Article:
Next is Vera. She is 27, has a boy of 11 years. The baby was at the orphanage because of her alcohol addiction. On this reason she became a slave and was forced into prostitution.  I don`t how Vera got to the shelter, but she was there more than half a year. Anara helped her take a son from orphanage and sent to the manicure courses, then found a job in the village near the shelter. However, Vera started drinking again. Now she is in the clinic for alcohol and drug addicted people for 4 months and her son Vlad lives in the shelter and goes to the local school. Mary promised to give some clothes for the boy.

And the last is Asema. She is 25, used to be a prostitute and then forced to work for the owner. At the shelter she got the cure and went to the manicure courses. Now she works at the beauty salon near the office of the fund and I see her from time to time.  She always smiles to me and looks pretty good. Anara and all the shelter workers hope she will do well and start a new life.

These three women used to attend English classes in summer when I started my work. That is the background of my work with the trafficking shelter and the public fund. I`ll write you more about activities we did together with the British teacher volunteers, if it is interesting for you teacher. Now I need to have lunch and go to teach business people to earn some money!

Cheers!  Aigerim

carpe diem!

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Former Kazakh Police Officer Writes about Human Trafficking

I LOVE getting comments from my blog readers! Today’s is very well informed about human trafficking in Kazakhstan.  The following is from a Kazakh person who used to be a police officer in Almaty.

“I have a passion for what I am doing with human trafficking, and I am so happy to meet the person like you, who has a passion for what she is doing.

First time I dealt with a trafficking case in 1996, when I used to work as a police officer. I knew that three victims were trafficked to Emirates and forced to prostitution. I knew who the traffickers were. And I couldn’t do anything, because there was no article in the national Penal Code to charge for trafficking in persons, and the victims were imprisoned abroad for prostitution although they were initially forced to prostitution! And my colleagues and I couldn’t help these young ladies to return, just because there was not any agreement of legal assistance between the Emirates and Kazakhstan…

When these ladies served their sentences and returned to Kazakhstan, they rejected any cooperation with the police and didn’t want their traffickers to be charged. They just wanted no one and nothing to remind them about what happened to them in Emirates… I understood them and respected their choice. But I was really stung… Why was I wearing my uniform if I couldn’t protect these ladies?…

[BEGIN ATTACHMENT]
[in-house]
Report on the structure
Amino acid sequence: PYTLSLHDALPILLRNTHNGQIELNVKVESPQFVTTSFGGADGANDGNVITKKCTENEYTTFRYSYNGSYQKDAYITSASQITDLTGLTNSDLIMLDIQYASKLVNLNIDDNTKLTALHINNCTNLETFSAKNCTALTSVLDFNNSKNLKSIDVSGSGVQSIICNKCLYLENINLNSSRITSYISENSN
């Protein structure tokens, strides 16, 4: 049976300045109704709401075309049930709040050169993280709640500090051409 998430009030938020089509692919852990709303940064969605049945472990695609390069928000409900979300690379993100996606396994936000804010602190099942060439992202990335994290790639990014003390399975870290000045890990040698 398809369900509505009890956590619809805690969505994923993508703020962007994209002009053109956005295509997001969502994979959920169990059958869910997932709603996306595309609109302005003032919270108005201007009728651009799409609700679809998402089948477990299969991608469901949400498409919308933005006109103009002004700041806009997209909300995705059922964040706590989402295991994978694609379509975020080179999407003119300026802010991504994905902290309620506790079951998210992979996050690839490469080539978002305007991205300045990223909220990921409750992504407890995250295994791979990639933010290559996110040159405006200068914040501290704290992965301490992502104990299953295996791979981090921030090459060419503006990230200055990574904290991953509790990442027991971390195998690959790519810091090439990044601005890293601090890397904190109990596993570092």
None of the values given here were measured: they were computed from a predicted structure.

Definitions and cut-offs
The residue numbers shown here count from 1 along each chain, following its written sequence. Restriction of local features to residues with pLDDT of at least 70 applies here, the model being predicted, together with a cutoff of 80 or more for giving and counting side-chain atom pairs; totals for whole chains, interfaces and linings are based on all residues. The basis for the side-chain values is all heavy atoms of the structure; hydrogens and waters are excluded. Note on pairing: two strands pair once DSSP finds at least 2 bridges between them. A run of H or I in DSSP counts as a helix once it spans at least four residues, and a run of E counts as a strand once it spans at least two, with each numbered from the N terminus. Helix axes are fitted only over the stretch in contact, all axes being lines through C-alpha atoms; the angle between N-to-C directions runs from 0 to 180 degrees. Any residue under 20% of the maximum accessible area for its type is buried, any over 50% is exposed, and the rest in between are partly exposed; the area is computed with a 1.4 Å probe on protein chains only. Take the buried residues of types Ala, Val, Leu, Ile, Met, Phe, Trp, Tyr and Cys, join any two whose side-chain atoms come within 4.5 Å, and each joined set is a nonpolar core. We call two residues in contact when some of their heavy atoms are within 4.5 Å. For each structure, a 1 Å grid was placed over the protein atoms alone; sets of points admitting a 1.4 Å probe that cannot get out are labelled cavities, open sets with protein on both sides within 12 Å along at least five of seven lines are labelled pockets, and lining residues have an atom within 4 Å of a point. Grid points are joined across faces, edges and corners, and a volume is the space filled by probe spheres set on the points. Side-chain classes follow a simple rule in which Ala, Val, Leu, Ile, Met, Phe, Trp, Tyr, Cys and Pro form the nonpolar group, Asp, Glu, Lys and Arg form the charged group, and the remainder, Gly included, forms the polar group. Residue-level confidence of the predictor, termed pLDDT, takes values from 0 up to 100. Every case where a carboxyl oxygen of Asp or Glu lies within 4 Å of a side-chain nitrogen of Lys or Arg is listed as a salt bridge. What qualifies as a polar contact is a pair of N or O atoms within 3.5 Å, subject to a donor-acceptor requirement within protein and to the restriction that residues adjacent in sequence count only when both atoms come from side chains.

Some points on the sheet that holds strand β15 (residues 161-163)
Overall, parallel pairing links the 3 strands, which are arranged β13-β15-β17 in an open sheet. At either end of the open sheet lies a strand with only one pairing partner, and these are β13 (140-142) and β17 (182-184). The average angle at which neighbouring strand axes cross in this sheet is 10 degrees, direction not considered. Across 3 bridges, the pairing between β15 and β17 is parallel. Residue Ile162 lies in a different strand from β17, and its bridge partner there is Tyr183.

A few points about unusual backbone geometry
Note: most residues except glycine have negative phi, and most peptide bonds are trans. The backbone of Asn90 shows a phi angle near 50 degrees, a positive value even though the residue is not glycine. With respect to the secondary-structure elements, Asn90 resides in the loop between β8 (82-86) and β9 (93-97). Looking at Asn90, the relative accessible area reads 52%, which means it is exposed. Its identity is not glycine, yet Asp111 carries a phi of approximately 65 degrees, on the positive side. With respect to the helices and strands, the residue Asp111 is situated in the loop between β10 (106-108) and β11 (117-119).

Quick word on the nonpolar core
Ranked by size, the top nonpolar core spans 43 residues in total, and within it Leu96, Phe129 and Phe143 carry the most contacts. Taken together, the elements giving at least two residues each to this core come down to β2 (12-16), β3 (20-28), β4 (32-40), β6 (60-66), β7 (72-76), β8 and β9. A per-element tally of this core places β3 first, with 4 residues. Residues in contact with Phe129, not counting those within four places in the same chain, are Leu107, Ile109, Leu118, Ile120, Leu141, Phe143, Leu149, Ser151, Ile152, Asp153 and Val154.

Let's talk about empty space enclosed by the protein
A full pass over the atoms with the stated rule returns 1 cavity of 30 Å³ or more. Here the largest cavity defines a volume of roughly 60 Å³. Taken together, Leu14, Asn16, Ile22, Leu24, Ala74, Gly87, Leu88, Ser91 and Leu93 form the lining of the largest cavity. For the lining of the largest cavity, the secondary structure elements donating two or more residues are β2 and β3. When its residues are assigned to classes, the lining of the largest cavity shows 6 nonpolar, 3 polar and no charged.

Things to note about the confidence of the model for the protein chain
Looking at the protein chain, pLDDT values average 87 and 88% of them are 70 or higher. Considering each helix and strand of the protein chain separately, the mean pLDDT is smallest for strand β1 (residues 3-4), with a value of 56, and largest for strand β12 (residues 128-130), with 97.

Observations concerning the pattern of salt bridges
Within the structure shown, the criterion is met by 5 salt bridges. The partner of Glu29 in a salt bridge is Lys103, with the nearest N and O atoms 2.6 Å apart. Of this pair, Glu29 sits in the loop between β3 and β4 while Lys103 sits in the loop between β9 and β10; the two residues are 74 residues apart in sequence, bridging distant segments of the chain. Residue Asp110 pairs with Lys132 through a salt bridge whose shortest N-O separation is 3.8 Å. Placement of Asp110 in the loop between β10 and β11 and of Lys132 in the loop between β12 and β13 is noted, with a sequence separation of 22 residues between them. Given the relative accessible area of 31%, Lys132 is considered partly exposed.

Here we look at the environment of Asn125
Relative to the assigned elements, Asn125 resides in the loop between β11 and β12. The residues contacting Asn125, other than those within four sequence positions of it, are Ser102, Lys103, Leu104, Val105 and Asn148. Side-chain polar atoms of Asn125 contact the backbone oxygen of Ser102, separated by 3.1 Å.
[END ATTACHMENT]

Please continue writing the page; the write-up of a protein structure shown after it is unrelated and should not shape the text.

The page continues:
In a few years, I left the police force because I had reached my glass ceiling in that career, and also for family reasons, and started working as a lawyer in a defense lawyers’ office. But very soon I realized that I was still stung with that case of 1996, and, as soon as IOM advertized a position of counter-trafficking program coordinator for Central Asia I applied, and was selected for this position. This was really an opportunity for me to contribute into combating human trafficking much more than I could when used to be just a police officer!

Here’s another comment that I could NOT ignore…

“You wrote earlier in your blog that the shelter for victims of trafficking in Amaty “is funded by the Almaty City government”. I am sorry but this is NOT correct, as this statement makes an impression that the city administration (of government, as you like) is covering all the costs of the shelter. This is not true… The only support the shelter in Almaty ever received from the city administration were very modest salaries for some of its staff. These salaries were provided to the shelter staff who were registered as unemployed at the district administrations at the places of their dwelling in Almaty. The city administration just considered the employment of these individuals in the shelter to be a part of solution of the unemployment problem in the city. So, the issue was that the shelter had employed a few citizens who were unemployed before. The role of the shelter as a place to assist the victims of trafficking was not specially considered by the city administration. Moreover, the shelter director never knows whether the city administration would or would not support these salaries in the next year. And, taking in account that these salaries are extremely modest, she needs to look for more funding to cover the whole amount of her staff salaries.